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Victorian Walk

Now Look At The Old School Cottages

which became homes in the 1980s and try to imagine what it must have been like to be a pupil in Victorian times.

For 126 years, from 1848-1974, these four cottages were St Paul’s School, which was built by the Church of England to provide cheap education for poor children. Victoria would have been queen for 11 years when the school opened and the church would have been celebrating its tenth birthday.

walk(16)Photograph taken by David Williams

Two classrooms and two teachers catered for infants and juniors. The children worked in groups and learnt by rote, chanting facts and figures over and over again. The early curriculum consisted of the three R’s, of reading, ’riting and ‘rithmetic and once a year the pupils were tested by

an inspector. The infants wrote on slates and the older children used pen and ink. In 1900, the year before Victoria died, a school inspector complained that not enough work was being done in books, so he could not see any evidence of sums being done for 7 months!

The classrooms were heated by round, black, coal-burning stoves and lit by oil lamps. The toilets, which were earth closets, were in the back yard and emptied at night-time by the ‘Lavender Man’, who came round with a horse and cart.

The children went home at lunch time and walked back again for afternoon school, so those who lived at Tower Hill and Bucks Hill had four long walks each day. Only one or two families would have had the luxury of a pony and trap. Attendance was irregular because there was a lot of poverty and children needed to earn pennies by picking fruit, helping with the corn and hay harvest, potato picking and so on. If the weather were bad, some children had to stay at home because they did not have suitable clothes or footwear.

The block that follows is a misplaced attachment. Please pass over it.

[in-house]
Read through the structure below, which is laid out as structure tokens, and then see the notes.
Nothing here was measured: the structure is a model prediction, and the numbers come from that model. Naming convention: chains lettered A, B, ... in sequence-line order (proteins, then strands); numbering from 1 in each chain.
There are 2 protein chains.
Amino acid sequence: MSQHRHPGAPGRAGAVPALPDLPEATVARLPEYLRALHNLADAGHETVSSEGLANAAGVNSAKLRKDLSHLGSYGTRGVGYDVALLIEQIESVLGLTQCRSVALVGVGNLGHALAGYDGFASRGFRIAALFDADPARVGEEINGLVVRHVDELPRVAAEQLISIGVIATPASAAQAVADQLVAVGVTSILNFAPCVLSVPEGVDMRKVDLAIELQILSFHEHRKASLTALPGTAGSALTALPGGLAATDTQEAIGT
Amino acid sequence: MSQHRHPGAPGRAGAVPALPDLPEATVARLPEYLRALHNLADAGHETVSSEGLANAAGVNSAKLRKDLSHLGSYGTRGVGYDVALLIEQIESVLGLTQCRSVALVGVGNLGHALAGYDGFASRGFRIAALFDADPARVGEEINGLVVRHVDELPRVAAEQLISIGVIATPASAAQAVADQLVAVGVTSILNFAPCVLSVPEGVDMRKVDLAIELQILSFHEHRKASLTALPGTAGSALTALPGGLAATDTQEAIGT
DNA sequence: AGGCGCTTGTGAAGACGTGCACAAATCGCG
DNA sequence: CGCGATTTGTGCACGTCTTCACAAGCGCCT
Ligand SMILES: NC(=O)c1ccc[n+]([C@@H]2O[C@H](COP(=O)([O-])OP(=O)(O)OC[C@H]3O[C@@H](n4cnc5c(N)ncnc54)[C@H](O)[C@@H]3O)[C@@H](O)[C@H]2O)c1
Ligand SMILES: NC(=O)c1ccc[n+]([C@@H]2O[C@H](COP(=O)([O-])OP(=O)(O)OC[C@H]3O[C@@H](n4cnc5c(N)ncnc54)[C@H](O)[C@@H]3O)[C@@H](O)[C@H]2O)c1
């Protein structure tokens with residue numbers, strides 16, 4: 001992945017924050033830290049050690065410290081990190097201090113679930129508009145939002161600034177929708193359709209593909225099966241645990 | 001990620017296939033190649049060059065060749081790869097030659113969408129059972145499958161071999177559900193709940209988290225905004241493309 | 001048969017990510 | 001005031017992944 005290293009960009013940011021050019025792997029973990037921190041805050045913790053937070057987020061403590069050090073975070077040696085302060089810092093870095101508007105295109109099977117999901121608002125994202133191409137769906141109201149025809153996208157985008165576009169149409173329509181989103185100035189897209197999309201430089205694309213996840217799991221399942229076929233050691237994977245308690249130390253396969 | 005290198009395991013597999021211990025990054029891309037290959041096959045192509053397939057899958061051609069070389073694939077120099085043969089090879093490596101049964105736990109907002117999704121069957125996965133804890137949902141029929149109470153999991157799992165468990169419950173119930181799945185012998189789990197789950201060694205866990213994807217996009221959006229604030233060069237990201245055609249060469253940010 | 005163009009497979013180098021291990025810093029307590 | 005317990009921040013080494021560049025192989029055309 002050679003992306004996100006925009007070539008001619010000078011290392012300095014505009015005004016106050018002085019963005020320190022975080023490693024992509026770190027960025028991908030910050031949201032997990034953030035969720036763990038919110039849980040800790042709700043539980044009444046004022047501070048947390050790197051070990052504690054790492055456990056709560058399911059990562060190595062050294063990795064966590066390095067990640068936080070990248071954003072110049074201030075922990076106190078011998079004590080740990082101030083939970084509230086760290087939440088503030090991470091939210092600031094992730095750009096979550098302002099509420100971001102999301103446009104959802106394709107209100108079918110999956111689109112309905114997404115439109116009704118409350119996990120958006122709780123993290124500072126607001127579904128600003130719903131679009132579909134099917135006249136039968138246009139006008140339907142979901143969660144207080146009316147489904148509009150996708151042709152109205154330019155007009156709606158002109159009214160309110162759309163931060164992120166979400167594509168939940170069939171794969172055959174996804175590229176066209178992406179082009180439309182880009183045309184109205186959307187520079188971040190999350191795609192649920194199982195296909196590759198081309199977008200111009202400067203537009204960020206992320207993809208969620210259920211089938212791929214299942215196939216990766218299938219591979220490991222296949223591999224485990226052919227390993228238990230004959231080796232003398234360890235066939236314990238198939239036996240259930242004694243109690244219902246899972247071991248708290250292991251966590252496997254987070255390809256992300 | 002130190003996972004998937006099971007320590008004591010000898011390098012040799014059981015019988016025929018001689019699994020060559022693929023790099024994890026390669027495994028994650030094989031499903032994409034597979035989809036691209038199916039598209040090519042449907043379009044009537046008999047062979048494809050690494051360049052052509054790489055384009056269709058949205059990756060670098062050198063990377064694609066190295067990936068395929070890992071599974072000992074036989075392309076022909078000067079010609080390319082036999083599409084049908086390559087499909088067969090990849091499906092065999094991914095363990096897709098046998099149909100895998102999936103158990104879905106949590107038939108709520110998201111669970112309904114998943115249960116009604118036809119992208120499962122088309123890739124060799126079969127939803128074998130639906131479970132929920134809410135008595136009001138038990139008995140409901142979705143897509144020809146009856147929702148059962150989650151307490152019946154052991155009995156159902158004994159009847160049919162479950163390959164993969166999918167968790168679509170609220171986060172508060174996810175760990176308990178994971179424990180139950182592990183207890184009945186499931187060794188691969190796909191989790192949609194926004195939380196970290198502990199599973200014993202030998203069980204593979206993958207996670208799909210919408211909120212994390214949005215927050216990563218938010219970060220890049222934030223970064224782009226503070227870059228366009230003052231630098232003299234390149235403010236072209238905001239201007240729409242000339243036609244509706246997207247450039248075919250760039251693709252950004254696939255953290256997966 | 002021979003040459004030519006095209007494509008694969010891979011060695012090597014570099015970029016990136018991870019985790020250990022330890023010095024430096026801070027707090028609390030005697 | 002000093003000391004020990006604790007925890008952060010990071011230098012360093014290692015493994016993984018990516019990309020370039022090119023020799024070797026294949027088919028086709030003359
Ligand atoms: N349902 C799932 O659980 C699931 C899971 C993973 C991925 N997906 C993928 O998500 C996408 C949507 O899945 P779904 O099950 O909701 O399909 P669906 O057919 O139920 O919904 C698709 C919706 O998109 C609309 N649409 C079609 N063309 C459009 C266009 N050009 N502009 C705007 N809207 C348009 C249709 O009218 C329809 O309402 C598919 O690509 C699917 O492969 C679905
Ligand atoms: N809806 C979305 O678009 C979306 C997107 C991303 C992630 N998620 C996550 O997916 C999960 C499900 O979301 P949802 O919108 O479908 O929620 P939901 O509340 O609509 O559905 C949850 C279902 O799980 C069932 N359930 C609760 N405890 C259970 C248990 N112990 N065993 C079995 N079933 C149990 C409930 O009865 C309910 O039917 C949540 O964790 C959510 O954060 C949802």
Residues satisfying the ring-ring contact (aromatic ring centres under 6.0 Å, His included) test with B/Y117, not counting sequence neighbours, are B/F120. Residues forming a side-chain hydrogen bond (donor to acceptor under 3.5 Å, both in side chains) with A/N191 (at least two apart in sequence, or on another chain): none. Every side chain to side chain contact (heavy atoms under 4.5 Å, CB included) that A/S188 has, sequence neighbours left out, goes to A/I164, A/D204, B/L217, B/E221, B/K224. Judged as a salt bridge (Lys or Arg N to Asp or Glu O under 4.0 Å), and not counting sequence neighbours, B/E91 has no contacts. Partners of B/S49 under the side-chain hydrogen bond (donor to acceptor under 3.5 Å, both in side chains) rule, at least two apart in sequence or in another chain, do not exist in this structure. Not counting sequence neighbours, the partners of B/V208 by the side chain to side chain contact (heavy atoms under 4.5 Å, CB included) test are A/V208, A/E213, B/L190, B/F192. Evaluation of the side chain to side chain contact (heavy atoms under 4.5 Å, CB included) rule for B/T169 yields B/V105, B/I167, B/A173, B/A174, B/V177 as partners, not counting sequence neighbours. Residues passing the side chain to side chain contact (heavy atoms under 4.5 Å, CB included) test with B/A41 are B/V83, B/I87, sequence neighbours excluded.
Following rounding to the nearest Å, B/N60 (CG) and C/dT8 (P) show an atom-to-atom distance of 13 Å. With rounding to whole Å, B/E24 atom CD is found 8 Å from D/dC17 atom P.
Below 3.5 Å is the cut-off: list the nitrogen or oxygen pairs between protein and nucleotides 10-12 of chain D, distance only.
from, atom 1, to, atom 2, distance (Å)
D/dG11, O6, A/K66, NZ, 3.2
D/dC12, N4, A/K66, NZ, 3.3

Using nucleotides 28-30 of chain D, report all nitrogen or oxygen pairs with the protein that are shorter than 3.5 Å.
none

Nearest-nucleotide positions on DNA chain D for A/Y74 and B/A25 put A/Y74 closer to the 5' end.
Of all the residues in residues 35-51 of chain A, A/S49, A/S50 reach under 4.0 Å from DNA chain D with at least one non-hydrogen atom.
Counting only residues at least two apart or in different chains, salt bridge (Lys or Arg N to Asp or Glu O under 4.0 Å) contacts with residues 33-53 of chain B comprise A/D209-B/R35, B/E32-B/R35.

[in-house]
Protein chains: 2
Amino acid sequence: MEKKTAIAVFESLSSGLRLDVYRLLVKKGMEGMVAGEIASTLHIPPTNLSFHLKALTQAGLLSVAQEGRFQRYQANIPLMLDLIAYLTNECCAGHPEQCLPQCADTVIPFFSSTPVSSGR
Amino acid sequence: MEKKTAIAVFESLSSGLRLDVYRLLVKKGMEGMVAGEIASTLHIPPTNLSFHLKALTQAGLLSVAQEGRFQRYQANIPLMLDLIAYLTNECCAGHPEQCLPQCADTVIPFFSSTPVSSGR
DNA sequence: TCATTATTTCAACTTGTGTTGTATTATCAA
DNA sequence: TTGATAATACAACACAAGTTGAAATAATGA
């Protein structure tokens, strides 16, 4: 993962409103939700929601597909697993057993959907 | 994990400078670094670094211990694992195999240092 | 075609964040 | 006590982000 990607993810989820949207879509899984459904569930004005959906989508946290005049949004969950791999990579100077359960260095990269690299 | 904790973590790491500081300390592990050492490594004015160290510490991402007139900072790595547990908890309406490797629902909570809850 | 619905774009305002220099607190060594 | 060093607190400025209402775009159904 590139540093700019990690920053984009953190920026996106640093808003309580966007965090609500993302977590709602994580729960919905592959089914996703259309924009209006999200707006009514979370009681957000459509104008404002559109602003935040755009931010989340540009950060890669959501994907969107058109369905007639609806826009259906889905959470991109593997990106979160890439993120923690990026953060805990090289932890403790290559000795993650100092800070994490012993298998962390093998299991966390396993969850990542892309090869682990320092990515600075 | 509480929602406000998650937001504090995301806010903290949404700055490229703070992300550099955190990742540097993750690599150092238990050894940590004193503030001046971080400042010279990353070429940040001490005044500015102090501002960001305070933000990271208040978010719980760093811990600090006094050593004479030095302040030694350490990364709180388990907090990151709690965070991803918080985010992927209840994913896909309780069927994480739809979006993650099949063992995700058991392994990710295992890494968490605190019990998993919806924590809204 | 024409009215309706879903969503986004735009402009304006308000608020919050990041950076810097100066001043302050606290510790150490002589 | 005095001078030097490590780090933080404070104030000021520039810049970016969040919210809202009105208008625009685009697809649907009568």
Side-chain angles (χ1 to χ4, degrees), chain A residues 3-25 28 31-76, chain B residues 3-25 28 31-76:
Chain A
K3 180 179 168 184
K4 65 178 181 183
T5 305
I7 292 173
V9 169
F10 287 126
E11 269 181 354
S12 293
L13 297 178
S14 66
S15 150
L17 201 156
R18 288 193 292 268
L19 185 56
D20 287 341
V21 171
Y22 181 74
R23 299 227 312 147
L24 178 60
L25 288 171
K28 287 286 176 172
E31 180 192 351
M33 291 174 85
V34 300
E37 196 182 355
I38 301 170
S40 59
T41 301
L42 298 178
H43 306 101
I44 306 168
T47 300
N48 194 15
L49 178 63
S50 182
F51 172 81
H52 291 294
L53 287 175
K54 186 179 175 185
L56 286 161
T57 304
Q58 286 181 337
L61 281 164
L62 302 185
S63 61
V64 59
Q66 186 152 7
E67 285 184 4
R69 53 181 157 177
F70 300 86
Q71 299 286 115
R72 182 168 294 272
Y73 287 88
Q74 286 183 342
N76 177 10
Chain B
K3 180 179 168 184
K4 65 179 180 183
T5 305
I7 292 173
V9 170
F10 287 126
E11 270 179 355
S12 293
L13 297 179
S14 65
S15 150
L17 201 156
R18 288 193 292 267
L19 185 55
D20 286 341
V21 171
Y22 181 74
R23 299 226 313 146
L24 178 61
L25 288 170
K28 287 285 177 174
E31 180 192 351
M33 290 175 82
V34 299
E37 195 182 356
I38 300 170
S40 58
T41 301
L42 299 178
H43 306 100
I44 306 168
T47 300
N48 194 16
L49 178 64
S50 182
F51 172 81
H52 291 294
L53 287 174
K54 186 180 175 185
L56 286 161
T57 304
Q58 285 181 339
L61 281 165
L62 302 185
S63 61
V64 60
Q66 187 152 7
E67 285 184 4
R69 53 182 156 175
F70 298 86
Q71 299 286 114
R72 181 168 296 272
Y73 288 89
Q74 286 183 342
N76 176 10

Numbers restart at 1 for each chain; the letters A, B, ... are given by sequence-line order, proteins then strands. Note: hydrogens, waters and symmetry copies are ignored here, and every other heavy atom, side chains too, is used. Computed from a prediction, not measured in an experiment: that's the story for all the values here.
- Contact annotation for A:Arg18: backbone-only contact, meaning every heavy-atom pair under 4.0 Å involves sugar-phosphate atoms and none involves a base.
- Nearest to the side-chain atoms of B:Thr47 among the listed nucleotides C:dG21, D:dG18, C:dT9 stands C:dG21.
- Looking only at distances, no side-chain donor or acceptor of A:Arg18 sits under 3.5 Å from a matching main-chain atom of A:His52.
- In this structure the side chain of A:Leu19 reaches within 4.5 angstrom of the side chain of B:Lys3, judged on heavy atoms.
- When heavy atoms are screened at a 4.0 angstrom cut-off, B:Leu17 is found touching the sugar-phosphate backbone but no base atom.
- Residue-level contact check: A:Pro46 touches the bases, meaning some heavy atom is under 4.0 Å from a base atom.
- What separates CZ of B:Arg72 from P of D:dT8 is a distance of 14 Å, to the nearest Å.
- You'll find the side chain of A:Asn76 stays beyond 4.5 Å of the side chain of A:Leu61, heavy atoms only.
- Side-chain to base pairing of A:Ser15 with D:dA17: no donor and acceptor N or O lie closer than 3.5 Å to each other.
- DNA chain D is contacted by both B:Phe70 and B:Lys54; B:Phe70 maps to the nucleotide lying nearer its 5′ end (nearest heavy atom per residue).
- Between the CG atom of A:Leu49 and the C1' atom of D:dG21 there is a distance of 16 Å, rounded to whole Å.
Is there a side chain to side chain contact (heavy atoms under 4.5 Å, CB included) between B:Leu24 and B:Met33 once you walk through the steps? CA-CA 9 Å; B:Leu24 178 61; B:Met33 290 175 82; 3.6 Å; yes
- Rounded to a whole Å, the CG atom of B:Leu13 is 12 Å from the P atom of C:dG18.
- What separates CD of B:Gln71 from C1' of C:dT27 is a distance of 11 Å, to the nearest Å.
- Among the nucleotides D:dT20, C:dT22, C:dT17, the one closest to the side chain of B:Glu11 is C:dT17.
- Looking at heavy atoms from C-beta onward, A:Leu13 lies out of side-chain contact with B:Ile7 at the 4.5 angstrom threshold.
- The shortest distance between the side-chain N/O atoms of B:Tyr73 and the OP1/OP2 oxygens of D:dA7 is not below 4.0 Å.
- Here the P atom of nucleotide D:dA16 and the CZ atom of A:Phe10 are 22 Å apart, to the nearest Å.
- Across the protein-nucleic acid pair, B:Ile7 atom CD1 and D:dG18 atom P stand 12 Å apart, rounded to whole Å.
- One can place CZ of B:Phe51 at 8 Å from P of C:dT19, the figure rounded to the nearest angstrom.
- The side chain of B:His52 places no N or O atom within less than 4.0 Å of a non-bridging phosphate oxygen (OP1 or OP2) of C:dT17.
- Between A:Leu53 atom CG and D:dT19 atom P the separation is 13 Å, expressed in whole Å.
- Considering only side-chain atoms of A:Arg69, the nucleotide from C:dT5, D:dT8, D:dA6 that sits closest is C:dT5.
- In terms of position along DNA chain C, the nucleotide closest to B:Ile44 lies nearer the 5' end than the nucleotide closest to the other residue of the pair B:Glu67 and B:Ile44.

Because there were no inoculations or injections for the schoolchildren, infections such as measles, chicken pox, mumps and scarlet fever spread rapidly and the school had to be closed for weeks at a time, because so many children got ill.

In 1872, there were still only 25 pupils in the school, but once attendance became compulsory in 1880, numbers gradually increased to 120 and a third teacher was appointed. Also in 1880, a brick extension was built on to the back of the flint-walled school.

Look up at the roof and you will see the pointed bell tower, which housed the all-important school bell. No pupil had a watch in Victorian times and it is possible that not all houses had a clock. Many pupils relied on the bell to tell them when to go to school and many farm workers in the fields depended on it to time their lunch breaks.

It must have been an exciting occasion for the school, when the village clock was installed in a tower on the right side of the building to commemorate Queen Victoria’s Jubilee in 1887. A plaque on the wall gives more details.

You have now completed your walk around the Common and learnt what was there in Victorian times between 1837 and 1901. We hope you have enjoyed it.

Further information, many large photographs, and census records which provide details about the occupants of the houses and their employment, are available in St Paul’s School for the pupils studying Victorians.

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This page is edited by Russ

1 CommentRSS

Terry Trayton

What a wonderful idea this project is. It involves children in a practical way by getting them involved in their local history. I can see a huge amount of research has gone into this and I have learned a lot from it. I am not a local person myself but I often visit Chipperfield and, with a friend, I take country walks in the area. I purchased my present vehicle from a local garage and often buy bedding plants from a local nursery so I suppose I can claim some connection with the village. I congratulate all the young pupils involved in this project and wish them a very successful future. Well done!!

July 11, 2011

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